Thursday, May 31, 2012

iPhone App Review: Firework Photography

If you are anything like me, you are never able to get "that shot" of the fireworks at Walt Disney World!  I have tried and tried to get the perfect shot at Illuminations and Wishes, but can't.  I've read tutorials and books on the subject, but I can't get my gear to work right.  I believe it's user error instead of equipment error!  BUT, I haven't been to WDW since I found this app on itunes!  "Field Guide for Fireworks Photography" gives you step by step instructions on how to shoot fireworks.  You don't have to worry about remembering what to do, lug a big photography book around or carry crumpled up notes in your pocket!  All you have to have is your iphone and the steps are at your fingertips!

For $1.99 you can download this instruction guide for your next WDW vacation or for the next fireworks show you'll see in your hometown!  It guides you step by step through the set up, ISO, Aperture, Shutter Speed, Focusing and Shooting.  It also gives you the required, recommended and optional gear for shooting fireworks.  The composition tab gives you pointers on where to set up your camera and how to frame the show.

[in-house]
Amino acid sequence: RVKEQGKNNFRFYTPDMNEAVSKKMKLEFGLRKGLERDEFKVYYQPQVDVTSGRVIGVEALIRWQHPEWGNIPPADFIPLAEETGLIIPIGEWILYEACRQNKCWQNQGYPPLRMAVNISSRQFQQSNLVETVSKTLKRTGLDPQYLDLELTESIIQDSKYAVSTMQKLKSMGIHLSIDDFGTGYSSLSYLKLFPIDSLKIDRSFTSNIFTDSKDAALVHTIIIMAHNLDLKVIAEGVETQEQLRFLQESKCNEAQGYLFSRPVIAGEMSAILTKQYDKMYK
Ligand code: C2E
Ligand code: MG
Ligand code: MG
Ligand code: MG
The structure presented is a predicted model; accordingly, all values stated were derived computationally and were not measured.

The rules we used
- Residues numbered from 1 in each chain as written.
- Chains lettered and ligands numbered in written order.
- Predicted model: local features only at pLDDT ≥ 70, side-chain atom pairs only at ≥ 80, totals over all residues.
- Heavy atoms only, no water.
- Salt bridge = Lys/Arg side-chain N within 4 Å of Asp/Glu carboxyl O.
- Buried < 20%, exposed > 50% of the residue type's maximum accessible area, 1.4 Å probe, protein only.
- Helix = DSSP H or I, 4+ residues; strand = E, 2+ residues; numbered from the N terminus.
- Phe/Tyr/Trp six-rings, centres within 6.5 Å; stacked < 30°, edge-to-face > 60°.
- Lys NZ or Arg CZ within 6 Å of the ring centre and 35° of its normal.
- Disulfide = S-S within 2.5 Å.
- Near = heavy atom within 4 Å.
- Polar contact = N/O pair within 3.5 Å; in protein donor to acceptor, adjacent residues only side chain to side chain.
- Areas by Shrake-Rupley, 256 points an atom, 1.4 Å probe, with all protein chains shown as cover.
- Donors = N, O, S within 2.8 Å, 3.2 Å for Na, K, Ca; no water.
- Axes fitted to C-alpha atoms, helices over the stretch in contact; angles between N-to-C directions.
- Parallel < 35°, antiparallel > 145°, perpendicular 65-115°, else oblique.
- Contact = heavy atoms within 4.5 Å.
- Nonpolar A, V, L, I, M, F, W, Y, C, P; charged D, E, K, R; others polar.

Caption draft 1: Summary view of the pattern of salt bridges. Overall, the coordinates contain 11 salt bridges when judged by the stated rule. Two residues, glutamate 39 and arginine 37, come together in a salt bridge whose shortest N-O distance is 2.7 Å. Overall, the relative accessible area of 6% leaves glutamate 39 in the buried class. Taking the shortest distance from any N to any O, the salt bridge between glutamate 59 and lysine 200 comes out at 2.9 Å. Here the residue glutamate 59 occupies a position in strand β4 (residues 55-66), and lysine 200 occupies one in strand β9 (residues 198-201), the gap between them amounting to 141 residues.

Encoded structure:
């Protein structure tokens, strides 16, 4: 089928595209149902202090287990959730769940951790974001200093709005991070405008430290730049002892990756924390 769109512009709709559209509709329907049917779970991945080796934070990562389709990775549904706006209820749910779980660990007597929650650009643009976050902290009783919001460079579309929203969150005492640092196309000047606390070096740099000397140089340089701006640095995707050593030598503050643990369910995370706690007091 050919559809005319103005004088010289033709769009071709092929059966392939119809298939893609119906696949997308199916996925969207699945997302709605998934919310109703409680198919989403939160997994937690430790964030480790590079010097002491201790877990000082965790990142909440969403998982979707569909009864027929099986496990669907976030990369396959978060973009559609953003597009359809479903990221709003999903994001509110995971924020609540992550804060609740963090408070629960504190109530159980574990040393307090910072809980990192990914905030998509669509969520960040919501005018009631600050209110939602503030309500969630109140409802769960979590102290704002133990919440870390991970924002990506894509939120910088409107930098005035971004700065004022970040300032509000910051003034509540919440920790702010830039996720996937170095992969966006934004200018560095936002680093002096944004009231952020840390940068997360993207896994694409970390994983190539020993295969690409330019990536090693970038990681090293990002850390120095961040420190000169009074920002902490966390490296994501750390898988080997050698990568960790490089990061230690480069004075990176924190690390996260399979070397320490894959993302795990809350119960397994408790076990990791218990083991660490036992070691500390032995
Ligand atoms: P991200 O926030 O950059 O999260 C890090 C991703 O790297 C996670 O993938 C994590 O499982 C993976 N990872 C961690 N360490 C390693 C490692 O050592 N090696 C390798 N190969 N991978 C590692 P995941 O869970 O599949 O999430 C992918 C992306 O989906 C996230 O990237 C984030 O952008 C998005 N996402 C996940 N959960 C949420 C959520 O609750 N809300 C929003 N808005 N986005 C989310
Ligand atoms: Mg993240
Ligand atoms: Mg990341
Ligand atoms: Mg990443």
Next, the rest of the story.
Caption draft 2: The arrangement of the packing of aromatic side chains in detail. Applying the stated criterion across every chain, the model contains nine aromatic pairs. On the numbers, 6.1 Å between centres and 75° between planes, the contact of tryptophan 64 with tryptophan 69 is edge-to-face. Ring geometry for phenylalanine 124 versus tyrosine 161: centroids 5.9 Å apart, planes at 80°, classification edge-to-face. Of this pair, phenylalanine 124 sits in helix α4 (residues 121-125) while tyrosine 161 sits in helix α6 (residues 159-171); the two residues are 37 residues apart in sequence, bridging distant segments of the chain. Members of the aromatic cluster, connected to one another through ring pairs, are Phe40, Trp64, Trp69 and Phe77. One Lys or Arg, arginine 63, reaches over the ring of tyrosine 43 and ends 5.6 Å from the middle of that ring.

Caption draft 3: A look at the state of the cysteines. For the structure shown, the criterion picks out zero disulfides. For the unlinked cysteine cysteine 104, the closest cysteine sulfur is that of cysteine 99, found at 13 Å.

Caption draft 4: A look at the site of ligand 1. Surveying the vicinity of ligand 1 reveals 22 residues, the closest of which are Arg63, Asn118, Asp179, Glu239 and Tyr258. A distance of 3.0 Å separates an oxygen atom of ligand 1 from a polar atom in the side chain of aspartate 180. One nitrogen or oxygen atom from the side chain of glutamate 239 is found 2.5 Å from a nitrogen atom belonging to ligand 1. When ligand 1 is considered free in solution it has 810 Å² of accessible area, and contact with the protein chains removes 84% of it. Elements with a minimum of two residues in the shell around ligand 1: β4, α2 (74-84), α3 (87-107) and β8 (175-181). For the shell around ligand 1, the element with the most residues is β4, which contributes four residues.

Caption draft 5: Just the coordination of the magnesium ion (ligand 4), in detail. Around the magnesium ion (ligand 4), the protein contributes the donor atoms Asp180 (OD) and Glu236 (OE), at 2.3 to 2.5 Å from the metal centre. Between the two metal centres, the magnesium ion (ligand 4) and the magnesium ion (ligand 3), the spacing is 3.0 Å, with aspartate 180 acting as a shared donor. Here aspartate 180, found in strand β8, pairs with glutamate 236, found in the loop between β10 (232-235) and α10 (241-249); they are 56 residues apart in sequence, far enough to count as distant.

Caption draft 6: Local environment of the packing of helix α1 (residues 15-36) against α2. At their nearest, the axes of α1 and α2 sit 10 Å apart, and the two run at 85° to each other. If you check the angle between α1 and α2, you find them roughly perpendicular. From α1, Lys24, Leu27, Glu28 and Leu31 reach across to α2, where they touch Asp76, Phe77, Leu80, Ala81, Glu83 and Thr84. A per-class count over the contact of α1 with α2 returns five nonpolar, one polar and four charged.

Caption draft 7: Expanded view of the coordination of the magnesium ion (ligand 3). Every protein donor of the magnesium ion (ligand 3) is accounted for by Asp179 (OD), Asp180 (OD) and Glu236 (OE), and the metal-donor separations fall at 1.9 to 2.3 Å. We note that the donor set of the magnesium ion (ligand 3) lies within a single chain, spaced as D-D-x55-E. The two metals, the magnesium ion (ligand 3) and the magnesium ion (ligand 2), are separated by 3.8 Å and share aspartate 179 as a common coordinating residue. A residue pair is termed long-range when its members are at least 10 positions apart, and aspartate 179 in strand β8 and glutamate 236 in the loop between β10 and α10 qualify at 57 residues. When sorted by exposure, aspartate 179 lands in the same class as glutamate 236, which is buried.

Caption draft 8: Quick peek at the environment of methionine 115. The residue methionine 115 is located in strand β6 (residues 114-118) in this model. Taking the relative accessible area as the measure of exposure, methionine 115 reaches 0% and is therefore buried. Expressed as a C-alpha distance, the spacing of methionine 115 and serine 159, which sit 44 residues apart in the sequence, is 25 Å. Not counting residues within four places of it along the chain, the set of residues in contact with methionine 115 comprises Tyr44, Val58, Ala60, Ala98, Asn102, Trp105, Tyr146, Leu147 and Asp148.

I can't wait to see another fireworks show so I can try out the tips in this app!  I think it's a great addition for any family traveling to WDW who is interested in taking the perfect firework shots!

Requirements: Compatible with iPhone 3GS, iPhone 4, iPhone 4S, iPod touch (3rd generation), iPod touch (4th generation) and iPad.Requires iOS 5.0 or later.

To purchase, visit itunes:

1 comment:

  1. Tip 1: Work out your settings ahead of time instead of fumbling in the dark. Tip 2: Turn off your flash; it only good up to 6-12 feet, will only illuminate the backs of the heads of folks around you & disrupt the show. Tip 3: Turn off your camera's LED display & look through the viewfinder with BOTH eyes open so you don't lose your balance. Nothing sucks like trying to watch the show through a sea of arms holding up glowing devices in the middle of a low light event.